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SKIP SCHUYLER

 
Full Name: Skip Schuyler
Nationality: American
Organization: U.S. Army
Occupation Agent

Creator: Tom Hickey
Time Span: 1939 - 1940

ABOUT THE SERIES

       Skip Schuyler is an agent with the U.S. Army Intelligence.
       He apparently has been an operative for some time as evidenced by an old friend (character Ian Murray - see the general information in the Comic Section) describing Schuyler to his new wife as the "ace man in the U.S. Intelligence Service. He's cracked more spy rings than the rest of the department put together." How Murray knew that having been overseas for the last few years is unknown.
       For all his obvious abilities in the cloak and dagger world, he is still just a lieutenant. It could be he is so good his bosses do not want to promote him for fear of losing him or he could be turning down promotions to stay in the field. Neither is very likely.
       We know very little about the young officer for he is definitely not that old despite the plaudits about his achievements. He is decidedly tenacious and he is certainly resourceful. He needs to bug a room of an enemy agent before such easedropping devices were invented so he hides a dictaphone behind a radiator. It captures two spies discussing their plans and he is ready to pounce.
       Athletic, which is not surprising considering his profession. He had had aspirations for a life in professional sports after his stint in the Service but during his West Point days he was involved in a yearly Army-Navy football game when he threw a block that allowed the winning touchdown but also wrenched his shoulder so bad there was no hope of a career. So he stayed with the military and made a pretty good life there.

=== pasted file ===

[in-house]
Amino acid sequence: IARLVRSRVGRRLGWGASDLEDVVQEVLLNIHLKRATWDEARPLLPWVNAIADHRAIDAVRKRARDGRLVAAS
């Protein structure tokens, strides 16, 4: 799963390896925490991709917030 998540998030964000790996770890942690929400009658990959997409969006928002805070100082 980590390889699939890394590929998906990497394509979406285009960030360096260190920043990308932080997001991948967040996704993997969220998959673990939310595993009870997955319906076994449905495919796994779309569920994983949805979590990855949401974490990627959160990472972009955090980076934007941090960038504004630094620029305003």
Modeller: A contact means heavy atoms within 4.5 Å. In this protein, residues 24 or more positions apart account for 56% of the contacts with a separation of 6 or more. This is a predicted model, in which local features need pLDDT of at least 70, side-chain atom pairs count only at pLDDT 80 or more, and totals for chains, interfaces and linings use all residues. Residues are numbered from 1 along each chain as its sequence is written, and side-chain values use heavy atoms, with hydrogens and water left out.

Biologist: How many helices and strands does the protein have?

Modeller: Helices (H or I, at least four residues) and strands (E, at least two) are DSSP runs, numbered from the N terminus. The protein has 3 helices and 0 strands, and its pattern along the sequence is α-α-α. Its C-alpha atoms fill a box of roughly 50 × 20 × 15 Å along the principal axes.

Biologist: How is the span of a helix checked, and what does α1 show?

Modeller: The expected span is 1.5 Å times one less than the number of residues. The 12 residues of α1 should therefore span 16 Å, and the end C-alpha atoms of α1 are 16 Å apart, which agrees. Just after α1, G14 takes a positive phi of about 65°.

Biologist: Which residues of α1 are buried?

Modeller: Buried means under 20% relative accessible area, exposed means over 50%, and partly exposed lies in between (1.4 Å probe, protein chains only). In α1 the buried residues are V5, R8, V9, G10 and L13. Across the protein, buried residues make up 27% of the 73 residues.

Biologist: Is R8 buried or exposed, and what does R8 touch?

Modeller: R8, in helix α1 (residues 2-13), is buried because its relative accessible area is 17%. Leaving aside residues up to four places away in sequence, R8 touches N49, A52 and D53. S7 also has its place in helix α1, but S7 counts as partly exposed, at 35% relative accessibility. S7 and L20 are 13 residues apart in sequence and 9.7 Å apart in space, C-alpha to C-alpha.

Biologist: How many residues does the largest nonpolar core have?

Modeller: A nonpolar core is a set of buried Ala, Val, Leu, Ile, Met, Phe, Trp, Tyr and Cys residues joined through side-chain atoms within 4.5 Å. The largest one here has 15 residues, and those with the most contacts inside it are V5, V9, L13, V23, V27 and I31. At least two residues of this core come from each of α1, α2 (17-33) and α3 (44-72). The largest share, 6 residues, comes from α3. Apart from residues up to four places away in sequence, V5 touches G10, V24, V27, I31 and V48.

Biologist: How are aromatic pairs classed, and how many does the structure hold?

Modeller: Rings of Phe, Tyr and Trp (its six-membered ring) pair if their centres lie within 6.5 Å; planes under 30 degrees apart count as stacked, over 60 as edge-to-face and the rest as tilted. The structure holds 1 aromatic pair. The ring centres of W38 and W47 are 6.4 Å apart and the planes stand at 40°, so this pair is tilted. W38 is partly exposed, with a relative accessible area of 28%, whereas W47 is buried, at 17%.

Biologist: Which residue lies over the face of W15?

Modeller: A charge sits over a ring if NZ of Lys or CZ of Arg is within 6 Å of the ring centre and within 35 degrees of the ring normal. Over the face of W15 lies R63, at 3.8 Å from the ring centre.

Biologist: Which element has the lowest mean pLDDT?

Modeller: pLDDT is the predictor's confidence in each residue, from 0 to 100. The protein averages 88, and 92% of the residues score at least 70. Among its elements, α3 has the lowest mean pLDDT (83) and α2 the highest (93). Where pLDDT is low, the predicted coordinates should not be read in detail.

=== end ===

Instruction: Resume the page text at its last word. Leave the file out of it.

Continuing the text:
Physically, Schuyler is slightly above average height, good physique, handsome with blond hair brushed back in a subdued pompadour.
       He is good in a fist fight and not bad with a pistol. He can also fly several types of aircraft with great skill.

COMIC BOOKS AND GRAPHIC NOVELS

Number of Stories:10
First Appearance:1939
Last Appearance:1940

       National Publications, soon to be D.C. Comics, opened production of what would be known as Adventure Comics in December of 1935. For the first 11 issues it was titled New Comics. January 1937 saw the name changed to New Adventure Comics and stay as that for the next 20 issues. Its name changed again to Adventure Comics with issue #32 in November 1938. The magazine ran continuously for almost a half century before the release of the last issue of this storied, #503, in September 1983. Of course in comicbook land, nothing is dead forever and a revitalized version returned in 1998 and hung around for quite a while again.
       For many of the years it was on the newsstands, it was the home for stories about Superboy and later the Legion of Super Heroes but when it got its start, it was quite a bit different.